How Slow Can It Go? An Update on Alberta’s Economy in 2015

Edmonton – Alberta’s economy has been riding high for more than four years. Now, with low and volatile oil prices, the question is: How slow will the economy go?

ATB Financial’s Chief Economist Todd Hirsch is answering that question with findings from the latest ATB Economic Outlook. Released today, it summarizes research on Alberta’s most important sectors, covering the first quarter of 2015. It analyzes the province’s economic happenings and outlines what may occur over the next three months.

Capturing five primary economic indicators, The Economic Outlook’s highlights include:

•    Alberta’s economy is set to slow significantly in 2015 with growth at half the rate seen last year.

•    Labour markets are currently balanced, but a slightly higher level of unemployment is anticipated.

•    Weak oil and natural gas prices will curtail investment in the energy sector.

•    Housing starts are stable, but will likely show some modest decrease this year.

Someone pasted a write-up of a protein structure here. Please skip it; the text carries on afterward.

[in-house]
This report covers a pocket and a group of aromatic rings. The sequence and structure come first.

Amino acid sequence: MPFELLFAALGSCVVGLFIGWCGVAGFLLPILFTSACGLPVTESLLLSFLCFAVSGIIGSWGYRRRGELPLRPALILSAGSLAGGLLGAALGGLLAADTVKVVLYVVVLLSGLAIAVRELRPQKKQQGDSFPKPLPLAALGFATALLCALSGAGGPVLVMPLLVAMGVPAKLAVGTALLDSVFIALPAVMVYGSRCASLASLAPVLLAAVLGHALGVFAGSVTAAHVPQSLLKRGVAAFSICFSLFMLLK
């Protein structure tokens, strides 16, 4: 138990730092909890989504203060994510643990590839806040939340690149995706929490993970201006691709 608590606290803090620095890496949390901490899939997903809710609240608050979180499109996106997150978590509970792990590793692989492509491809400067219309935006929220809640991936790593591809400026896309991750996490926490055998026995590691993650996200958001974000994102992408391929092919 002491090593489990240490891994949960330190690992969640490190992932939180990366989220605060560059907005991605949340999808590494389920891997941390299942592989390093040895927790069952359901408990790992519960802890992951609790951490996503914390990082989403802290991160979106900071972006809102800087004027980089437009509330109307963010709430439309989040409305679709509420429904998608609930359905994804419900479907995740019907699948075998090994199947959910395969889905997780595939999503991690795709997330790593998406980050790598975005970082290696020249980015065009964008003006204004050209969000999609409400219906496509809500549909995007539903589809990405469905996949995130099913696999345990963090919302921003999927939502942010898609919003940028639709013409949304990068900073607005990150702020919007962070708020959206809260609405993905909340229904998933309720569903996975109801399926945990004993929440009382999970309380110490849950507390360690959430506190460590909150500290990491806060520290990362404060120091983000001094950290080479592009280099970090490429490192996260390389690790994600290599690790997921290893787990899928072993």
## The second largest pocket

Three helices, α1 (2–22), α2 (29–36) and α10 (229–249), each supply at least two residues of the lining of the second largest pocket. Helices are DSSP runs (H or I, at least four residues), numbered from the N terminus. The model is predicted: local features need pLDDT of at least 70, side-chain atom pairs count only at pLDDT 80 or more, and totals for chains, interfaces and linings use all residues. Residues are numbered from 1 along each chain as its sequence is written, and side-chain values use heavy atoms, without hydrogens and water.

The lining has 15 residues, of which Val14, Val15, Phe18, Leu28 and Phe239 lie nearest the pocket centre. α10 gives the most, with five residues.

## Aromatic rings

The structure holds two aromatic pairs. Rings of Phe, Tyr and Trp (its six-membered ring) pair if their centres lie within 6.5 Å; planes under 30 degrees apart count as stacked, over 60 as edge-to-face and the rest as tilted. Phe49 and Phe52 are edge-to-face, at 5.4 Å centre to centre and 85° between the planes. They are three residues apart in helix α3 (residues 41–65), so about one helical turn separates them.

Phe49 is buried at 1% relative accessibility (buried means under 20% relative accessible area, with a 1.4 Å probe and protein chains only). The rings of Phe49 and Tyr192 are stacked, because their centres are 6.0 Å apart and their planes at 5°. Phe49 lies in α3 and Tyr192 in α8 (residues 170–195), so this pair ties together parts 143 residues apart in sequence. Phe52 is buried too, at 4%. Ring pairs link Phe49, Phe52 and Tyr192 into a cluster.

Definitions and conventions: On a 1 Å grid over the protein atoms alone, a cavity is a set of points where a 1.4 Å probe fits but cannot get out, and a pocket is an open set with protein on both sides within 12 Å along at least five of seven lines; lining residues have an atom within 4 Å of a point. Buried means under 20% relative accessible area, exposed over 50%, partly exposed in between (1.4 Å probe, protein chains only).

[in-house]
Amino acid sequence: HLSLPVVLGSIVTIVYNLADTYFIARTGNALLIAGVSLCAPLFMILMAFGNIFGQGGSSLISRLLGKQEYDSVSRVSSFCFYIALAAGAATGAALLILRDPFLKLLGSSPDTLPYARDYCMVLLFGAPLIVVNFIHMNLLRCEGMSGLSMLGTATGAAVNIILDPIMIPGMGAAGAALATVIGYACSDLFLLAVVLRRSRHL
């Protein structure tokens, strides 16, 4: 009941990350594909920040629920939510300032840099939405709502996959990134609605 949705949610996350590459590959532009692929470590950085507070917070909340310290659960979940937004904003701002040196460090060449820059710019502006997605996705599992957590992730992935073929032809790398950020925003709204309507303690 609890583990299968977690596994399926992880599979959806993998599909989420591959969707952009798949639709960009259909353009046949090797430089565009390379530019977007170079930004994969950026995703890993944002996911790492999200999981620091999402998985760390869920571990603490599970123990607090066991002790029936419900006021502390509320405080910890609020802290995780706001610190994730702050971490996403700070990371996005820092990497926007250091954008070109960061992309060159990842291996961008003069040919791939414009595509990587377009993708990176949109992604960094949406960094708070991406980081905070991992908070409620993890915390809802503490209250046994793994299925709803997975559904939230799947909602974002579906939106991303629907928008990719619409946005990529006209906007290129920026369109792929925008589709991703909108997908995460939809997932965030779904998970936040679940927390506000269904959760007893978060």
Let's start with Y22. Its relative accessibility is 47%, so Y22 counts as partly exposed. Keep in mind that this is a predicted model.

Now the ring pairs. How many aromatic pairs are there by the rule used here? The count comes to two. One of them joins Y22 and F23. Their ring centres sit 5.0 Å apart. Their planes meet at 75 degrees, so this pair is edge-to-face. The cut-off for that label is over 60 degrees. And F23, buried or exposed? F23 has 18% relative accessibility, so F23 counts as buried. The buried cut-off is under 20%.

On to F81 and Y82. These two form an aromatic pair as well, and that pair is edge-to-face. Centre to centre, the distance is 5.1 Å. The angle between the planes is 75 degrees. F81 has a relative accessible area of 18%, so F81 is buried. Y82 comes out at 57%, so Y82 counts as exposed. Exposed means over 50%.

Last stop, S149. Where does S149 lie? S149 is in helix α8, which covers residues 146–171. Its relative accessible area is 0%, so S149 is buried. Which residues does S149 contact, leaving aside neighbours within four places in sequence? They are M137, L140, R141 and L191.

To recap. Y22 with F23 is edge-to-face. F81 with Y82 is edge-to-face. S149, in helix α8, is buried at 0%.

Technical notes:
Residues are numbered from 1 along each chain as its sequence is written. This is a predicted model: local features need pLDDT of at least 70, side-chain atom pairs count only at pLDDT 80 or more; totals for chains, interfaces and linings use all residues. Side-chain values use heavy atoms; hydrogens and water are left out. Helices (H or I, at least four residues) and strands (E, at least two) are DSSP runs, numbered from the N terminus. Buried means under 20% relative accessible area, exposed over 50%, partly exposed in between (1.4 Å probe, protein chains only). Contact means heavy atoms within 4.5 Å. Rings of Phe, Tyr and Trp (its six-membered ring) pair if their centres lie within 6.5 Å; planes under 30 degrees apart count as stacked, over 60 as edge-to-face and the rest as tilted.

•    In-migration will continue to be positive but will slow significantly from 2014.

“The economic picture painted by our research certainly shows a slowdown,” said Hirsch, “but it’s not doom and gloom here. We’re still on track with Canadian averages, we’re just not full-steam ahead as we have been in recent years.”

So how exactly will Alberta’s future look like considering recent oil costs? That’s hard to predict. But The Economic Outlook does look at where the oil price pendulum could swing and outlines three different scenarios. Each scenario includes commentary on how the unemployment rate would be impacted, what investment looks like and other important impacts.

“Anything could happen, but we feel the most probable scenario is one that returns oil prices to a reasonable range by the end of 2015,” said Hirsch, “That scenario, number two in The Economic Outlook, would put the average oil price between $C 55 and $C 70 per barrel.”

The Economic Outlook also provides commentary on the retail, housing and agriculture sectors in the province. And there is some good news.

“The agriculture, forestry and tourism industries all benefit from low oil prices and a soft Canadian dollar. They’ll do well in 2015, with tractors, trucks and tourists fuelling up and spending their money in Canada,” said Hirsch.

The full report can be accessed here on